R&D Tax Relief reduced, what does it mean?

Tax Advisors

As a business we have developed a high level of expertise around R&D Tax relief over the past few years, working with our clients to ensure they are getting the full level of relief and in some circumstances, this has been a significant amount of money.

R&D tax relief can be claimed for work that is part of a specific project to make an advance in science or technology. It cannot be an advance within a social science, like economics, however, with effect from April 2023, R&D in pure mathematics will qualify for relief. Your project may research or develop a new process, product or service or improve on an existing one. To find out full details of what qualifies read the Government website.

During the Chancellor’s Autumn Statement last week, he made significant changes to the scheme citing abuse and fraud in the SME scheme. As a result, he has announced a cut in the enhancement rate to 86% (from 130%) and the tax credit rate to 10% (from 14.5%). For the RDEC (Research and Development Expenditure Credit) scheme, the rate will increase from 13% to 20%.

In addition, restrictions will apply on the costs of EPWs (Externally Provided Workers) that can qualify for R&D tax relief.  The costs of EPWs will only qualify for tax relief where the EPWs are taxed through PAYE.

In addition to the above, R&D tax relief could be restricted to activities which are only undertaken in the UK.

He commented “Despite raising revenue, the OBR have confirmed that these measures have no detrimental impact on the level of R&D investment in the economy. Ahead of the next Budget, we will work with industry to understand what further support R&D intensive SMEs may require.”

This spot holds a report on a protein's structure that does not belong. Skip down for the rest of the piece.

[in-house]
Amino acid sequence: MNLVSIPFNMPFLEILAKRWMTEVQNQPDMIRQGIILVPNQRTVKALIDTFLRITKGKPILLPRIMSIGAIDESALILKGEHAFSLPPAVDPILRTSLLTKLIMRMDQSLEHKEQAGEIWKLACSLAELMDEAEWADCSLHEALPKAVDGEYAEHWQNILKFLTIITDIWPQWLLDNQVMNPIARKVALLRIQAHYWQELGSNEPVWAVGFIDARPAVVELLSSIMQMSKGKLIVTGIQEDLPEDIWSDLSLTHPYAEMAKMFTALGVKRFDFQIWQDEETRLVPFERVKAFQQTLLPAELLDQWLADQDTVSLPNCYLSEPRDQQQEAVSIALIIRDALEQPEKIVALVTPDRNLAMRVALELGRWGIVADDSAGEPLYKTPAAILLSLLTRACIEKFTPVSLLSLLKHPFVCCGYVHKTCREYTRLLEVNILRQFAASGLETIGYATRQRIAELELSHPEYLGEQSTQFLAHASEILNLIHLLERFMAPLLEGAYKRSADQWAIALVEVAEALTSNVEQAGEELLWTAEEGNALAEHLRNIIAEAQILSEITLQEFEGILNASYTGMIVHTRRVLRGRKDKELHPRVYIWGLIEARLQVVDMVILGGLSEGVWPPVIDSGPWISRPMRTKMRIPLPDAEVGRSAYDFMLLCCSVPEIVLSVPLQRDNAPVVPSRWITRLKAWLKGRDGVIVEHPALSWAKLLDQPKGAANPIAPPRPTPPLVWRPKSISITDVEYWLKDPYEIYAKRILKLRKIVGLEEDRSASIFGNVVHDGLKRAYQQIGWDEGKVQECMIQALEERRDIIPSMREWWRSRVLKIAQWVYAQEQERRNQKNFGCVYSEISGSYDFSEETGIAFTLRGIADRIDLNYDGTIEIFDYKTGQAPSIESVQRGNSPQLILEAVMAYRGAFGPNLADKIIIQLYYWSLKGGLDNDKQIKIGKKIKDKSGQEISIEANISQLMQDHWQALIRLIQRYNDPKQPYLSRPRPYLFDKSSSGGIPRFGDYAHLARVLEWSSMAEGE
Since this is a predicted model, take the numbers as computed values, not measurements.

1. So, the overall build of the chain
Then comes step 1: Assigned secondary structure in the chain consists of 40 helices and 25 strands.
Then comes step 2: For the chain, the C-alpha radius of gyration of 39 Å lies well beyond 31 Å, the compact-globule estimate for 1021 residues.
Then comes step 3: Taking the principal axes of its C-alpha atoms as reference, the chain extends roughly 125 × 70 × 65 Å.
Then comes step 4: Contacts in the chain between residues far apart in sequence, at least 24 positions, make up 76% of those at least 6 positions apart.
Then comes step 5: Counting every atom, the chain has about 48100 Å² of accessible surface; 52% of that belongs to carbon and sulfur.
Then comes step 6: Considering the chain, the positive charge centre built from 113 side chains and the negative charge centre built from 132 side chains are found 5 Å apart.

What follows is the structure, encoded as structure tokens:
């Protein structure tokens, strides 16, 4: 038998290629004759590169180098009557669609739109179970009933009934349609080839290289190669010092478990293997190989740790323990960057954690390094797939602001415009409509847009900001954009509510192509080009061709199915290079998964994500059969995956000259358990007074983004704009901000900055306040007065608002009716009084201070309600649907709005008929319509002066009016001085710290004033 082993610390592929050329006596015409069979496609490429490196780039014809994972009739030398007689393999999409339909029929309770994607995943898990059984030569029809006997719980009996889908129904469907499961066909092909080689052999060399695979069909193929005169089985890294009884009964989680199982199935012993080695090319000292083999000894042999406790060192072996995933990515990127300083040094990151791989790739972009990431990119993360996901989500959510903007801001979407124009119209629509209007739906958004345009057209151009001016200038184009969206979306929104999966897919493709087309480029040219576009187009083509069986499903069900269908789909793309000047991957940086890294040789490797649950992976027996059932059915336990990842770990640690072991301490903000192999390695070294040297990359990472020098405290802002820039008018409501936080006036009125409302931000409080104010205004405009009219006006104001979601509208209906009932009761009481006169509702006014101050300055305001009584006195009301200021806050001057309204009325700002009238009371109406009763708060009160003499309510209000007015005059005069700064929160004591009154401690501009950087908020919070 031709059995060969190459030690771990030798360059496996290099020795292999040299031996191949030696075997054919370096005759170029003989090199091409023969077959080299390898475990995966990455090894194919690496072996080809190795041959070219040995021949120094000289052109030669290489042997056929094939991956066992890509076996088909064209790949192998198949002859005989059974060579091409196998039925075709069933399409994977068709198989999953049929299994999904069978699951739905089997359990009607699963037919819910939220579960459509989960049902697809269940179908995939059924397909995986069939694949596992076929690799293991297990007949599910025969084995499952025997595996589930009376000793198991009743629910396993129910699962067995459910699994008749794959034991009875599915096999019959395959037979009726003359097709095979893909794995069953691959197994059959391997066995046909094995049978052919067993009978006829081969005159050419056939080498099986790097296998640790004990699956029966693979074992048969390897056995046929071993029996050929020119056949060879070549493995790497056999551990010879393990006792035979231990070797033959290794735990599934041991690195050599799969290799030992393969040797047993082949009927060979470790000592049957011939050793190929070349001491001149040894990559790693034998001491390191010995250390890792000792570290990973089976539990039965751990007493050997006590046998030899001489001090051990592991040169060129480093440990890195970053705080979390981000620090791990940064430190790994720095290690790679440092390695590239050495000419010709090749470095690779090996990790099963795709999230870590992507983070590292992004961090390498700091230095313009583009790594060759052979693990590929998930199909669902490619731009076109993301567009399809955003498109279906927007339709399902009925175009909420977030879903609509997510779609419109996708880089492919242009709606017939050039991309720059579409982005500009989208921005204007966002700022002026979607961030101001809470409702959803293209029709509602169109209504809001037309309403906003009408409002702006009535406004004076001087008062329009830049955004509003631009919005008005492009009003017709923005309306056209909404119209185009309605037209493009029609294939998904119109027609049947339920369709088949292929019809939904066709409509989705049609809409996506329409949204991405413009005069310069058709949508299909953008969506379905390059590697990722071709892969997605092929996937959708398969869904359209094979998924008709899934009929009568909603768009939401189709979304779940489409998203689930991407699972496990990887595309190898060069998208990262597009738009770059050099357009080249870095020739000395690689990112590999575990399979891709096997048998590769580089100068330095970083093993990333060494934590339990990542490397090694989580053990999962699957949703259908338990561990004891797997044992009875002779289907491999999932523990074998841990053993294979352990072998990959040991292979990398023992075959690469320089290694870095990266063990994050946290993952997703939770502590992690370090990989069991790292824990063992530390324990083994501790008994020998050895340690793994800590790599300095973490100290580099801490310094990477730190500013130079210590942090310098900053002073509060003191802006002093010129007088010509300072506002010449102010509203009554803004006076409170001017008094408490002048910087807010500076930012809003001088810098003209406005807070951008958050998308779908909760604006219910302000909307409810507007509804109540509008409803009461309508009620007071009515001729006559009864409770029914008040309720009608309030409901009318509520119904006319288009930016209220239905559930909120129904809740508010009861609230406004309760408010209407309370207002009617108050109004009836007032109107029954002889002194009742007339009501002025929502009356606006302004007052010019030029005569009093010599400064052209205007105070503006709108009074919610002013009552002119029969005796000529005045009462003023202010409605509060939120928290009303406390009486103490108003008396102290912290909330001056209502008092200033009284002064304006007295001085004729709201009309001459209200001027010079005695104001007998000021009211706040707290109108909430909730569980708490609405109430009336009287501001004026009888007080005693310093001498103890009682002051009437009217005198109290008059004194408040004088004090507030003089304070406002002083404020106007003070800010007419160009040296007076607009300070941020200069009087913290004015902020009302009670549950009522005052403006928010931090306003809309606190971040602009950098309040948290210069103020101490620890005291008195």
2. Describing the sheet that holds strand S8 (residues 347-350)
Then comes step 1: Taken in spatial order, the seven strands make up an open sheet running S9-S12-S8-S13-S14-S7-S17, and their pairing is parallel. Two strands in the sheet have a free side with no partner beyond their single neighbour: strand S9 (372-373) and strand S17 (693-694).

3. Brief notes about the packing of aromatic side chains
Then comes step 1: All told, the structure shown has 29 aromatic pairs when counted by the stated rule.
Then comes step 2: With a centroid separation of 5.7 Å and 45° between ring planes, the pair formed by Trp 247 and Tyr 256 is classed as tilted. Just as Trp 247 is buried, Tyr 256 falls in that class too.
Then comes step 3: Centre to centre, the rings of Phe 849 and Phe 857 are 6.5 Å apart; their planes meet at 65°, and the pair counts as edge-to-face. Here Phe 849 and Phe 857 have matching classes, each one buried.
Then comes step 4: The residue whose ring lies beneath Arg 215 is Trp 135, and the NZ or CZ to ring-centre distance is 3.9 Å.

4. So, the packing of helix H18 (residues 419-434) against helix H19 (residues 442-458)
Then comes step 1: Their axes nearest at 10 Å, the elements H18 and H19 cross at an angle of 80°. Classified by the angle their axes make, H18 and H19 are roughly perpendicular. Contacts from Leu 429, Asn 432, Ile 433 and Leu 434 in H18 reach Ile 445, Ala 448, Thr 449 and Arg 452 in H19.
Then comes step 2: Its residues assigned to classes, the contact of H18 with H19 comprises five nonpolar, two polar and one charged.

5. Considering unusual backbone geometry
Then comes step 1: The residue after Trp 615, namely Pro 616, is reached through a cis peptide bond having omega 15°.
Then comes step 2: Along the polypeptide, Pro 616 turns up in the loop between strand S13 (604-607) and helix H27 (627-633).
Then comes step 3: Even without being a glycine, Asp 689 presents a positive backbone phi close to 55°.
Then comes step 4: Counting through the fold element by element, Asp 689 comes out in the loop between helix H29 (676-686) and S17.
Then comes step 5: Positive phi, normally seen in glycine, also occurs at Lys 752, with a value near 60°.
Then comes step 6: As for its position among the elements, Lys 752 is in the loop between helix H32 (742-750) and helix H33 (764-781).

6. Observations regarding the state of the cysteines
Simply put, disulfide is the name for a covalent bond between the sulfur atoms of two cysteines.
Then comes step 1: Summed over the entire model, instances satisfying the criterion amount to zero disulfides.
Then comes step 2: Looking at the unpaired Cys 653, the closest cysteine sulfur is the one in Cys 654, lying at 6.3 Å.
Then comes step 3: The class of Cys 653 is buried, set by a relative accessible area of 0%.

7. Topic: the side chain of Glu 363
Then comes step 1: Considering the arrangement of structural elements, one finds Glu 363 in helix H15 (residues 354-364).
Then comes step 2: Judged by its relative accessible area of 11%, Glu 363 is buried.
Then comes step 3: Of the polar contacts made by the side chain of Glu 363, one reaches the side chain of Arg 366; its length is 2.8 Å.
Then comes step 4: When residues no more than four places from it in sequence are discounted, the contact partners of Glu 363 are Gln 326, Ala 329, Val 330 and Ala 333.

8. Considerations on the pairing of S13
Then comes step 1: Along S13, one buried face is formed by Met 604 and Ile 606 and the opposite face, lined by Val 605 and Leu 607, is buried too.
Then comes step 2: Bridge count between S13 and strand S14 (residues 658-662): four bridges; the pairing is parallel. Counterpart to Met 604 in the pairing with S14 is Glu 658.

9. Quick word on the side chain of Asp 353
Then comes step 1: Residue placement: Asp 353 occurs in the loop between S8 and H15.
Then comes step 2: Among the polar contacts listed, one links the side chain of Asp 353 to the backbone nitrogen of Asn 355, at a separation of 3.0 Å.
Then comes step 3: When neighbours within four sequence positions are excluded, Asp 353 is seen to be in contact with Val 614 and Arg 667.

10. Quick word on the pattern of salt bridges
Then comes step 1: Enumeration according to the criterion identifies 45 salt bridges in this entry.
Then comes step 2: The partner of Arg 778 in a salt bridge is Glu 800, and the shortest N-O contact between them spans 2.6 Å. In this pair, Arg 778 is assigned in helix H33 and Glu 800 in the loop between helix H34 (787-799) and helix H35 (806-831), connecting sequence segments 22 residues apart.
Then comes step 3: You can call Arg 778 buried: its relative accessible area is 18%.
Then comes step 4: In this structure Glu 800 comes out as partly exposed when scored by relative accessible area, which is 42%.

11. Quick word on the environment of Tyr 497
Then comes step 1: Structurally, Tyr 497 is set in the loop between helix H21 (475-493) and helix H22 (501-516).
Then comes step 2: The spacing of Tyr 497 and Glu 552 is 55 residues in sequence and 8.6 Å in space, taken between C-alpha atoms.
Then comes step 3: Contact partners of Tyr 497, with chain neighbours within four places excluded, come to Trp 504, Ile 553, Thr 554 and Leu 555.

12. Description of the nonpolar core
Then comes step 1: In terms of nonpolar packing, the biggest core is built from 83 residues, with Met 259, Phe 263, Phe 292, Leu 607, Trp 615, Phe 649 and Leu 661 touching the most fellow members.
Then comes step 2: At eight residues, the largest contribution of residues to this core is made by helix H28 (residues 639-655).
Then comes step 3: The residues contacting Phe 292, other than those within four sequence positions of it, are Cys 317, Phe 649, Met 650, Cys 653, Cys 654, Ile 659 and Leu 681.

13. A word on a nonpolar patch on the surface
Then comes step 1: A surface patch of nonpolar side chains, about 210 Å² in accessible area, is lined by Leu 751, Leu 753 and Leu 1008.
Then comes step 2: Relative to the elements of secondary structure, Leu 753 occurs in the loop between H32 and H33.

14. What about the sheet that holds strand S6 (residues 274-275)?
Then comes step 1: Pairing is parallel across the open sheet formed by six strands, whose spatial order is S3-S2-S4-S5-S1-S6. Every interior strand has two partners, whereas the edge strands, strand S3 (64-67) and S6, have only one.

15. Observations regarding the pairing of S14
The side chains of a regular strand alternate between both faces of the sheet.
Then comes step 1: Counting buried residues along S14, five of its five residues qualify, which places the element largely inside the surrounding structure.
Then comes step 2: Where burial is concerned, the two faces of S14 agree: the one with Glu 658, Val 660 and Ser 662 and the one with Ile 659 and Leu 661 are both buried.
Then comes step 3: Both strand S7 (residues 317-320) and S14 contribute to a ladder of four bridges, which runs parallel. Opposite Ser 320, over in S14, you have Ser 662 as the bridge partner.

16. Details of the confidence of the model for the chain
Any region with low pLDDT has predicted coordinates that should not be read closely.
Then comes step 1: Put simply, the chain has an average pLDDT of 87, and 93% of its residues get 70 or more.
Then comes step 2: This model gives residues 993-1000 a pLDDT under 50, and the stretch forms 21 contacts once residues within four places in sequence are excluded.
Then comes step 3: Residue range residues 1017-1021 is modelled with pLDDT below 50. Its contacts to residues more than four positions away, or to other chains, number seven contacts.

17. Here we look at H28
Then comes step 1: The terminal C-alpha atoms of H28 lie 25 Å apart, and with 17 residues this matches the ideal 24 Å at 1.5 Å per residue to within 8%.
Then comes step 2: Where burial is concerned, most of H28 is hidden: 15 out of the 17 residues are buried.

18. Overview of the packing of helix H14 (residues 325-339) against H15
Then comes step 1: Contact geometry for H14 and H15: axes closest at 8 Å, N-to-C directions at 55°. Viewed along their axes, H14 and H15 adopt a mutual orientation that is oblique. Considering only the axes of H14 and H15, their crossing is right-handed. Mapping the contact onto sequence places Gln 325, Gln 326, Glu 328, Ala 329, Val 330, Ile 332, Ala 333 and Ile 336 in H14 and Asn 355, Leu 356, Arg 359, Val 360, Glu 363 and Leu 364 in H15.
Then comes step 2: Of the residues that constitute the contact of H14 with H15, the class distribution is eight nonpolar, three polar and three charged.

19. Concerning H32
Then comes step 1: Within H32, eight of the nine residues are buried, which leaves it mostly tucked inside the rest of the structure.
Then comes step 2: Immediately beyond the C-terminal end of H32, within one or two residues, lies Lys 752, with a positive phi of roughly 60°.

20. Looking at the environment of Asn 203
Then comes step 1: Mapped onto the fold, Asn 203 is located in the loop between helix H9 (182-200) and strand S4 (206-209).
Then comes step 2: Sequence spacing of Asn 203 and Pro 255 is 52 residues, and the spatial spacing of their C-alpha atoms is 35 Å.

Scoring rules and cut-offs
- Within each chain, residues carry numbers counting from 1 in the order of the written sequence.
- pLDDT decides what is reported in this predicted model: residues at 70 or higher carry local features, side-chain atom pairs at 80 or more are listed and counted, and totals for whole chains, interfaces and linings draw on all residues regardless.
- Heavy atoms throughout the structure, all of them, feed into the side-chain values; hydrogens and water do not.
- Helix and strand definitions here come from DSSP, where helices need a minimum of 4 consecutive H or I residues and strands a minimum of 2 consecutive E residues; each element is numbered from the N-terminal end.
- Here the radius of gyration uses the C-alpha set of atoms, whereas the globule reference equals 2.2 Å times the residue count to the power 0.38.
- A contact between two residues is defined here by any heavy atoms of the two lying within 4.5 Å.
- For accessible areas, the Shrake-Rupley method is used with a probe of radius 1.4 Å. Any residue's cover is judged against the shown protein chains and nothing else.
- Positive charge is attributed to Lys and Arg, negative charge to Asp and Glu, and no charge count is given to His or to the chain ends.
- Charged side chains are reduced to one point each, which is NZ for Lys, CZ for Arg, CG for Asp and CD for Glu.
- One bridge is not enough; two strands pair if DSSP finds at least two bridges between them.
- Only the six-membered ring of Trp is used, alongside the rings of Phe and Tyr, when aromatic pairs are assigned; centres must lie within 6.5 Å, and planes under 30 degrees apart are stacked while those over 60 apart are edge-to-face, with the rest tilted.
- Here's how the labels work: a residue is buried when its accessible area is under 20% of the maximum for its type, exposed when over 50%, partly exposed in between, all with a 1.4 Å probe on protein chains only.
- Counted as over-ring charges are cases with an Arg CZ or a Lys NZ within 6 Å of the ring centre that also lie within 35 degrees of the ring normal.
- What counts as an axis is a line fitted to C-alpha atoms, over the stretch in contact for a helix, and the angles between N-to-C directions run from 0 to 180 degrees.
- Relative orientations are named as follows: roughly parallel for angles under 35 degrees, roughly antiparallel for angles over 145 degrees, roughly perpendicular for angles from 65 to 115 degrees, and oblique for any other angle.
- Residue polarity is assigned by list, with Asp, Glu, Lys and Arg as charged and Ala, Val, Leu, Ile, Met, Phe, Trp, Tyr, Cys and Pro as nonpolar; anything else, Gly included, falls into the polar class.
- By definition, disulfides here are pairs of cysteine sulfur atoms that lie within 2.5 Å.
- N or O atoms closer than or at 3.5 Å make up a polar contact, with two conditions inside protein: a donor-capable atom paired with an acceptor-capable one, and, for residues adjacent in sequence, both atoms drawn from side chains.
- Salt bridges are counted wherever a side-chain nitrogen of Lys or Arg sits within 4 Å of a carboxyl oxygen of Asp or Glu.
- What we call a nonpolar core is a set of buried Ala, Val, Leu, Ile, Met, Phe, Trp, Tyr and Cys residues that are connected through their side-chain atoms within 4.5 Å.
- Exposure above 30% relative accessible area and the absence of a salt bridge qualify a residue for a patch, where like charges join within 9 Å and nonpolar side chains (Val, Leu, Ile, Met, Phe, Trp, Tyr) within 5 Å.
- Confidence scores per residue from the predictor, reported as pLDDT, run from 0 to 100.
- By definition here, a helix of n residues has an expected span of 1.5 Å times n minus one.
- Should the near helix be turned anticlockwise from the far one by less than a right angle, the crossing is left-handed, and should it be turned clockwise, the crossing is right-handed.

But what does this mean for our clients and their businesses. There are a number of good points;

  • Firstly, Government reaffirms its commitment to R&D and acknowledges a wider need to change how it funds innovation.
  • The R&D tax will be simplified in the longer term and is likely to move on from SME and have a single scheme similar to RDEC.
  • This would provide the foundations to better target the relief to certain sectors and projects and avoid the scheme being abused.
  • For larger businesses, or some smaller businesses which do not qualify under the SME scheme, it is good to see the RDEC rate up to 20%.

However, as always there is also some bad news;

  • The SME scheme has effectively had a cut of a third through the reduction to the enhanced rate moving from 130% to 86% and the tax credit reduction to 10% (from 14.5%). This means those companies who do qualify will get less cash back.
  • This is a blanket cut and businesses who legitimately claim and rely on it will find this a brutal attack.
  • The changes seem to impact SME’s the most and seems to be heading toward larger and London-centred businesses.
  • This shift in strategy could damage the government’s levelling up agenda.

If you are already claiming relief, there is time to plan and make contingencies for the changes as these do not come into effect until April 2023.

If you are an SME and are currently claiming a tax credit the reduction could be up to 54%. However, if you are profitable the reduction should be circa 17%.

To find out how these changes will impact you please contact us and our team will help you plan for the changes and the impact on your business.

020 8863 4566